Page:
Multi-Criteria Decision-Making (MCDM) is a way of choosing systematically between multiple options. It’s fast and simple, but needs to be used with caution, because it can produce a misleading impression of objectivity.
The core of MCDM is a table of options and attributes. Each option gets a column; each attribute gets a row. You then score each option against each attribute to get the value for each cell, as shown below.
In the image opposite, for an unweighted MCDM table, the values are on a scale from 1 to 7, with 7 being the most desirable. All of the attributes are treated as equally important. The option with the highest total score is B, with a score of 15.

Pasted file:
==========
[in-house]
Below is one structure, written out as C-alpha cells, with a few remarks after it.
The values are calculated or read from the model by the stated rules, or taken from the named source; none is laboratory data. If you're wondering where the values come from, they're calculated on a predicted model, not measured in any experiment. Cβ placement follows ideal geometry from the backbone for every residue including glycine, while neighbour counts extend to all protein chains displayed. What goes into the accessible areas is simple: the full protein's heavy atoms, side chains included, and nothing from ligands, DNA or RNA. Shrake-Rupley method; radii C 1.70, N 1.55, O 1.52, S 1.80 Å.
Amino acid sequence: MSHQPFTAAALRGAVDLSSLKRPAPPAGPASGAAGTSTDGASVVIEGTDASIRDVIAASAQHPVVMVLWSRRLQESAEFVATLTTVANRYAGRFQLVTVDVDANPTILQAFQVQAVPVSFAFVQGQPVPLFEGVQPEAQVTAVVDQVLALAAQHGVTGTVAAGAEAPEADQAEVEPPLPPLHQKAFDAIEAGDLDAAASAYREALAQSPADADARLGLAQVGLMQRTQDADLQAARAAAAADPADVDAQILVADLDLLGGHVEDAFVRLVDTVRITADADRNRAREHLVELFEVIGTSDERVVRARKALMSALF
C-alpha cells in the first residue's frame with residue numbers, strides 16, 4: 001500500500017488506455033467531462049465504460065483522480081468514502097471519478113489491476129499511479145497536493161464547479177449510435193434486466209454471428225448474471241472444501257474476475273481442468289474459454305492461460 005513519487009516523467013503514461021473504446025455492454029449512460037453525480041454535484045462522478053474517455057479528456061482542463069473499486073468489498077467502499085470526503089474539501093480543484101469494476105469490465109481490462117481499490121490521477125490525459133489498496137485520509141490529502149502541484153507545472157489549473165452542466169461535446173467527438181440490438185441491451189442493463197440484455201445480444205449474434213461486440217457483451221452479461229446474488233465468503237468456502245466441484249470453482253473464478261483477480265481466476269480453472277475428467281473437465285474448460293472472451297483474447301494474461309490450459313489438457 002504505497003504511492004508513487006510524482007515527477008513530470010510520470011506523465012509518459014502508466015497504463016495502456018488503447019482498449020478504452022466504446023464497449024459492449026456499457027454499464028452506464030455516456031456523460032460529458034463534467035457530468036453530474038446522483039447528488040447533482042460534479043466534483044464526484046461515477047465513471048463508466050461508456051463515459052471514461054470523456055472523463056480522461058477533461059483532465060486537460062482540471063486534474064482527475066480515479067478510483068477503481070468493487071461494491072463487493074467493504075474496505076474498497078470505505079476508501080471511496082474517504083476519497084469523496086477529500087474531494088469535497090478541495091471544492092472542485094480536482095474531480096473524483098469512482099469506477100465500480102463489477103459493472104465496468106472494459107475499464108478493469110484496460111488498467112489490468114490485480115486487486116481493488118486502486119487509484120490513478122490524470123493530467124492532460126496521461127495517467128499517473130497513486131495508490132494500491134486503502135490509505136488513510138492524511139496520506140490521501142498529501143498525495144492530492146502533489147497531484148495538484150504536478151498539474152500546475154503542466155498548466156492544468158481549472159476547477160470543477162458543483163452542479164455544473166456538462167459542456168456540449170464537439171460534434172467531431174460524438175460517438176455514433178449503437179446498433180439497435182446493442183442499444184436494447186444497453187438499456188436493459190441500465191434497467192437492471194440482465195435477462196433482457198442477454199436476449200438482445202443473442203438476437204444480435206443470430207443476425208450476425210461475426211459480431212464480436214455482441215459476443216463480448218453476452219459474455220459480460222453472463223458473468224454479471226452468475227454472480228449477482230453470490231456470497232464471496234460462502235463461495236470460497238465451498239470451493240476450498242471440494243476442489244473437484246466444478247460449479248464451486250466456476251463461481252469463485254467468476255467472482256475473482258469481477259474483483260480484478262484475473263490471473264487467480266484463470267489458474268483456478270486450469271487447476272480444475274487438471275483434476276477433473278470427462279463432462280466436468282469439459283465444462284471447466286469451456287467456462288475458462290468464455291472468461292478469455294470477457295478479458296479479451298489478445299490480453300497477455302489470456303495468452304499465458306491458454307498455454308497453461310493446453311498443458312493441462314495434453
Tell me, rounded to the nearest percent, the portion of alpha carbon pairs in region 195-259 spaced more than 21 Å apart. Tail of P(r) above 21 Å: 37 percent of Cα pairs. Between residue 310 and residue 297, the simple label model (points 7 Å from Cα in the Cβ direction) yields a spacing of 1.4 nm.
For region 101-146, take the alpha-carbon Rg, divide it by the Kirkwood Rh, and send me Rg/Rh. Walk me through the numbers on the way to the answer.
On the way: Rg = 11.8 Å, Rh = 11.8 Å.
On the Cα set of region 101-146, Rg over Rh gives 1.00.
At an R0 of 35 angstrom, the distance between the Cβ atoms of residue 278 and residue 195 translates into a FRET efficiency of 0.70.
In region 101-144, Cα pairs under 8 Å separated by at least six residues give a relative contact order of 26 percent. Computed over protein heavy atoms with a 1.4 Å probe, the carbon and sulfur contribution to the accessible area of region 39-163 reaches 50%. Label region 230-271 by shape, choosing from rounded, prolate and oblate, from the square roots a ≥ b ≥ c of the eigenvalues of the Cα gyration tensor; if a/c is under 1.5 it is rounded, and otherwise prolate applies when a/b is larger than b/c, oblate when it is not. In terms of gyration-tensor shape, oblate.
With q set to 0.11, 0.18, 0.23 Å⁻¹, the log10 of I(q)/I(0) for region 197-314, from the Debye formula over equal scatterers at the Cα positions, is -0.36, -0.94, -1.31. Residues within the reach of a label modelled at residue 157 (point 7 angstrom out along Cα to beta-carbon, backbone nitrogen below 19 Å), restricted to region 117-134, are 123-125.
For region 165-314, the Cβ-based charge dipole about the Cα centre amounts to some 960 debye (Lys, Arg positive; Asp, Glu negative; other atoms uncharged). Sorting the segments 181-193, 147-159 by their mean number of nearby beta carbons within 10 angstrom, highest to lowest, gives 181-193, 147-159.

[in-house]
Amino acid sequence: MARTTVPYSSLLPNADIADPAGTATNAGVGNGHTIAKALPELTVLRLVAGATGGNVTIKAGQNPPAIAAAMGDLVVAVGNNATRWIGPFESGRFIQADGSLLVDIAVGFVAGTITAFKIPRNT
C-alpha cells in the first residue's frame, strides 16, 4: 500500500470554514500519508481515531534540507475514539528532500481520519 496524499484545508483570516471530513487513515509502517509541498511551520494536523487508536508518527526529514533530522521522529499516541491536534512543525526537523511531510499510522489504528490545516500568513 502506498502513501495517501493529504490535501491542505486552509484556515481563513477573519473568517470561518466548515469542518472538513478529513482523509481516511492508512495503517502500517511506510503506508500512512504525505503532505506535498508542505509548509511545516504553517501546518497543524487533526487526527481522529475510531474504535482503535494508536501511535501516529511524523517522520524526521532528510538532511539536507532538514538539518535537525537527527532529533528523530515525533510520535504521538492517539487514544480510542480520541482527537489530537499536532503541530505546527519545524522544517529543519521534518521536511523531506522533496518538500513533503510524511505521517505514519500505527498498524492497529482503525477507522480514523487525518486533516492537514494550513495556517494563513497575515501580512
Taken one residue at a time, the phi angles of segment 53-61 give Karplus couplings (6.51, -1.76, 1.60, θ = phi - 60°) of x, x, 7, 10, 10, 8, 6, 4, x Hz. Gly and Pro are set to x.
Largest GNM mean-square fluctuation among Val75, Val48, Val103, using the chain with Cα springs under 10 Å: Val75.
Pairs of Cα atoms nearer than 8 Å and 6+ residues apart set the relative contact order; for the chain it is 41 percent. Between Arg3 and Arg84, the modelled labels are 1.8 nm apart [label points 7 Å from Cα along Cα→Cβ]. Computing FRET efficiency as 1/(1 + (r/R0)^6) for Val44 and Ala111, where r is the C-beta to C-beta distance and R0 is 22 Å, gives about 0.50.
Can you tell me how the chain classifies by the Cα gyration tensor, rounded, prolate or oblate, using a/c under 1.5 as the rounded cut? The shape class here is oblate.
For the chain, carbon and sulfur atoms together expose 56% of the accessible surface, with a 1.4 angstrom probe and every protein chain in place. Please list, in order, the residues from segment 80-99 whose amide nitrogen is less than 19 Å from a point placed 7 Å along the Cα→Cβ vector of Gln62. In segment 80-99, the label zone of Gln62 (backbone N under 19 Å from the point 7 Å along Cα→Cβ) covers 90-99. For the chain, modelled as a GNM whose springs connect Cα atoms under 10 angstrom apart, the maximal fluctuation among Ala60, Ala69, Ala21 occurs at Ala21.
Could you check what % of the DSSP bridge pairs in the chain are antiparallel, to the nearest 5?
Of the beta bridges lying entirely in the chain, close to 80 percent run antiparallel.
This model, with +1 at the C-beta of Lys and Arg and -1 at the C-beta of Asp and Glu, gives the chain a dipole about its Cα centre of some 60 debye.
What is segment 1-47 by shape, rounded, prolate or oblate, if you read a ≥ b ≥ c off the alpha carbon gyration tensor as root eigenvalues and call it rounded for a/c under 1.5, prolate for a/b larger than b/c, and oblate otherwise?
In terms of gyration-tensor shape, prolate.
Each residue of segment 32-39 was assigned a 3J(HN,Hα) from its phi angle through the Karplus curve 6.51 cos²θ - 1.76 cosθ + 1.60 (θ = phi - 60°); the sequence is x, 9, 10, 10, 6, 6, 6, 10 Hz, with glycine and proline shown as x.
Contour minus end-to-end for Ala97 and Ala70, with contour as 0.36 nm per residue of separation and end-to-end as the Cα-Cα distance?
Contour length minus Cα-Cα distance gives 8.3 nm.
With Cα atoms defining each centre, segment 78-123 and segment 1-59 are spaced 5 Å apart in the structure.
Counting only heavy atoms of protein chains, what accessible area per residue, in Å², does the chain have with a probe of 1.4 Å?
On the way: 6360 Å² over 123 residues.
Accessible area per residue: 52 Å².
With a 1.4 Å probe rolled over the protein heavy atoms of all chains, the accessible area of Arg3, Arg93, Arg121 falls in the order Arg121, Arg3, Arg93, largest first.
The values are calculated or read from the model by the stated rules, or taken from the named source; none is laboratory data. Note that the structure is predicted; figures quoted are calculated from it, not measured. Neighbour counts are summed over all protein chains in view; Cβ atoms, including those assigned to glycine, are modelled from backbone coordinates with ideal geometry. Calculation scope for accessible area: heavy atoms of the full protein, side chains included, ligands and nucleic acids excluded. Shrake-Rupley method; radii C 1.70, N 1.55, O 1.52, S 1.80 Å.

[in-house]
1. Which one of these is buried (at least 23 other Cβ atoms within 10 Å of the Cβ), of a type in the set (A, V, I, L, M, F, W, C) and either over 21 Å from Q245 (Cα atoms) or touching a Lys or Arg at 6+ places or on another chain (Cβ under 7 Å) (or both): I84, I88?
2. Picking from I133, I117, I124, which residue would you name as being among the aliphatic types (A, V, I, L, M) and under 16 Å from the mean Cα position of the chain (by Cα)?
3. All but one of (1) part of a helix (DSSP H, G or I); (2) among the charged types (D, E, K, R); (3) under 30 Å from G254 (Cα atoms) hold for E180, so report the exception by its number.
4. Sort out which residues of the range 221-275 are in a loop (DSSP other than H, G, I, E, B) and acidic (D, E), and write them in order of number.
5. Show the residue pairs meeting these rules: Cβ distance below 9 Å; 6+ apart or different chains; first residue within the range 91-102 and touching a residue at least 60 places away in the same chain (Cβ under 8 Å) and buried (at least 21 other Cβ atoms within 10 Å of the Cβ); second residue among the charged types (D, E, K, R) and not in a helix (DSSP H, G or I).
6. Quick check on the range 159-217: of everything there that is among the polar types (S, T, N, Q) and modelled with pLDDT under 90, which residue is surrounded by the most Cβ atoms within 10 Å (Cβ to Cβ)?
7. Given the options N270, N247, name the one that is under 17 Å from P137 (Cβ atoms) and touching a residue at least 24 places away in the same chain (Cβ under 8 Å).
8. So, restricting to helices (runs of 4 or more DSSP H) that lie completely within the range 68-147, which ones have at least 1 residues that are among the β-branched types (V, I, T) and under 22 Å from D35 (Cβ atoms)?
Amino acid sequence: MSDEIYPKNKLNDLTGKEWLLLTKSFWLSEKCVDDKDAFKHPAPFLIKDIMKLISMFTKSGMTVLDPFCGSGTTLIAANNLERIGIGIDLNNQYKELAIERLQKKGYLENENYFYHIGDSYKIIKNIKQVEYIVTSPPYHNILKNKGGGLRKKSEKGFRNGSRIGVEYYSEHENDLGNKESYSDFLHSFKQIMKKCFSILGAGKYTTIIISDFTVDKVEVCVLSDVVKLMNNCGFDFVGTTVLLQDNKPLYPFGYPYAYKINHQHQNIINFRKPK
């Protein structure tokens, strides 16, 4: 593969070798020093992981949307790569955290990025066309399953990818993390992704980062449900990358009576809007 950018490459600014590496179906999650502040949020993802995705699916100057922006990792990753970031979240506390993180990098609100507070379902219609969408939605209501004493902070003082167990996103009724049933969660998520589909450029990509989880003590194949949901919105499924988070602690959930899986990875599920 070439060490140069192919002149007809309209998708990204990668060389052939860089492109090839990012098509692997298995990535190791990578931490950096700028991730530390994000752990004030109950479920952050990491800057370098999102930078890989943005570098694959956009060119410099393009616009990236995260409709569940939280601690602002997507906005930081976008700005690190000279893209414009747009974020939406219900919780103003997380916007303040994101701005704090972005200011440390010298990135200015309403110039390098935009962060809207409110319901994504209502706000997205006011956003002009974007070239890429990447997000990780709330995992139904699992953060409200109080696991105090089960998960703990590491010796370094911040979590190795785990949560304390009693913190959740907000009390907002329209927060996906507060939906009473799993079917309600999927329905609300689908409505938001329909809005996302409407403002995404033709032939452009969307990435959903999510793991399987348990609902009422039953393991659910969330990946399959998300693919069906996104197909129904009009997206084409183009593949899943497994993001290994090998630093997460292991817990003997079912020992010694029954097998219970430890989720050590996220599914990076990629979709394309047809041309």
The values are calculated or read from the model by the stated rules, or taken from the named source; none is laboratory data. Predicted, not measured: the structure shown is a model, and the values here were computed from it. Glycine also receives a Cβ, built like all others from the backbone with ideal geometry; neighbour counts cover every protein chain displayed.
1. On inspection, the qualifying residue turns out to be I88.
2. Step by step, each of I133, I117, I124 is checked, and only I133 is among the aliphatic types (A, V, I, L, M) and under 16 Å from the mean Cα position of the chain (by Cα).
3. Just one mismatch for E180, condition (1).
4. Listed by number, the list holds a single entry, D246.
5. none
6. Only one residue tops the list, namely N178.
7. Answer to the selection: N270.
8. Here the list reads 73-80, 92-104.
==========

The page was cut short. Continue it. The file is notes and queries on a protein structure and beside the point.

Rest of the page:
Often, some attributes are more important than others. You can take account of this by multiplying the more important attributes by a weighting factor, as shown in the weighted MCDM table opposite. In this table, size is twice as important as speed, so the original values for size are multiplied by 2. Cost is three times as important as speed, so the original values for cost are multiplied by 3. With these new values, the highest score is now for option F.
The weighting system is open to obvious abuse, as is the choice of attributes. It’s easy for users with vested interests to choose weightings and attributes that produce the outcome they want.
This risk can be reduced by having a clear process showing how you identified the key attributes and the weightings during a systematic elicitation process.
Image: An unweighted MCDM table
Image: A weighted MCDM table